Activities of Daily Living
The disability examiner typically will ask you, or third parties, questions about your ability to perform ADL to determine whether or not you can be employed.
When you apply for Social Security Disability Insurance (SSDI) or Supplemental Security Income (SSI) benefits, you may be asked questions about your Activities of Daily Living otherwise known as ADL.
ADL are the things most people engage in as a requirement of daily living. This may include personal hygiene (bathing, dressing), meal preparation (breakfast, lunch, dinner), shopping (grocery and other shopping), and household chores (doing the dishes, cleaning your home, and doing laundry.)
The disability examiner typically will ask you, or third parties, questions about your ability to perform ADL to determine whether or not you can be employed. For example, if you are able to vacuum your house, clean your bathrooms, and do your laundry; then you might be able to do other work activities.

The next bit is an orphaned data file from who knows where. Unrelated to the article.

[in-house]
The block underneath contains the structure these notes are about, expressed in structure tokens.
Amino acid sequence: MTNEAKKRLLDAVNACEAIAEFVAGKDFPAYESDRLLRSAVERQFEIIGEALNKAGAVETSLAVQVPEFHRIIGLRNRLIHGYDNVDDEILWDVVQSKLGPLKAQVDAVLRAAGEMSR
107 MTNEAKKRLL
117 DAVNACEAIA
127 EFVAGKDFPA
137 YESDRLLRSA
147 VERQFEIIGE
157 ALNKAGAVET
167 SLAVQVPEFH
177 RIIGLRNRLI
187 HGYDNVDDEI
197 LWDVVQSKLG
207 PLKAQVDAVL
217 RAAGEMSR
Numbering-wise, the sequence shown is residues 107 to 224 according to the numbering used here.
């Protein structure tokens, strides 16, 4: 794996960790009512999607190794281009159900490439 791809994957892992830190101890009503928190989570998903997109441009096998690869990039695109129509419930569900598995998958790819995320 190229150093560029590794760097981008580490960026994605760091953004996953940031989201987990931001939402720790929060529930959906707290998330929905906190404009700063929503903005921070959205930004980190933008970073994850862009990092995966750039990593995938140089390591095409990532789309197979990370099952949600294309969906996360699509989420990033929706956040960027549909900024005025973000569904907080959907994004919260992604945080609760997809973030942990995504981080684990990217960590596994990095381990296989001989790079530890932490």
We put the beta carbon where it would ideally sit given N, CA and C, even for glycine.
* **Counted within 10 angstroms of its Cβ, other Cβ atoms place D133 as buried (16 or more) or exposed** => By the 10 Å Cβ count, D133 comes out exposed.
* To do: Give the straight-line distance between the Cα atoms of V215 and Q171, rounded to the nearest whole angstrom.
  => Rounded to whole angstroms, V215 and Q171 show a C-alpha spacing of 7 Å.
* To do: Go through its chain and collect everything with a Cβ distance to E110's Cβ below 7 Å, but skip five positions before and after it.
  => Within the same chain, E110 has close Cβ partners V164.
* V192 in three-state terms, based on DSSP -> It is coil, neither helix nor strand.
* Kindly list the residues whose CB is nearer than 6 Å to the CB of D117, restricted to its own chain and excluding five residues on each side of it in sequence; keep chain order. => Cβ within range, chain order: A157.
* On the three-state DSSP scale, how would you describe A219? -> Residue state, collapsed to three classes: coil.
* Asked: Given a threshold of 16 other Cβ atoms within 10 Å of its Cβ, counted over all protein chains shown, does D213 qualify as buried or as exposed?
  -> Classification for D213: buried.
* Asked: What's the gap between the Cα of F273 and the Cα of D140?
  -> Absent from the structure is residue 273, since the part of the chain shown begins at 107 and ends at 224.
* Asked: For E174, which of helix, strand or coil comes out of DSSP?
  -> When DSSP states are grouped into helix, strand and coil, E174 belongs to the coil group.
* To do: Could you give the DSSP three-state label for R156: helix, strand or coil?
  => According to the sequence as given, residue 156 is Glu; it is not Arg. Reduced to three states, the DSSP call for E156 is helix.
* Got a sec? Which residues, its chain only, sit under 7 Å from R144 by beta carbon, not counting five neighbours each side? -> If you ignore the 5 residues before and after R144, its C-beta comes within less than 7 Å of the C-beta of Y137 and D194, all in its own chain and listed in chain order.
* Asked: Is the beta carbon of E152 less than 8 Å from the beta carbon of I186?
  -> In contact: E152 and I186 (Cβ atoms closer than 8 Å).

The disability examiner will often make ADL calls to your friends, relatives, neighbors and sometimes even your past employer.
It is important you provide accurate information as to what you can or cannot do and keep your friends, neighbors, and relatives you have listed as third parties informed as to what your limitations may be.
If you have been denied disability, or if you have questions, talk with an experienced disability attorney who can help you with your case. Click here to schedule a free consultation with an experienced disability attorney in the San Diego & Los Angeles area, serving all of Southern California.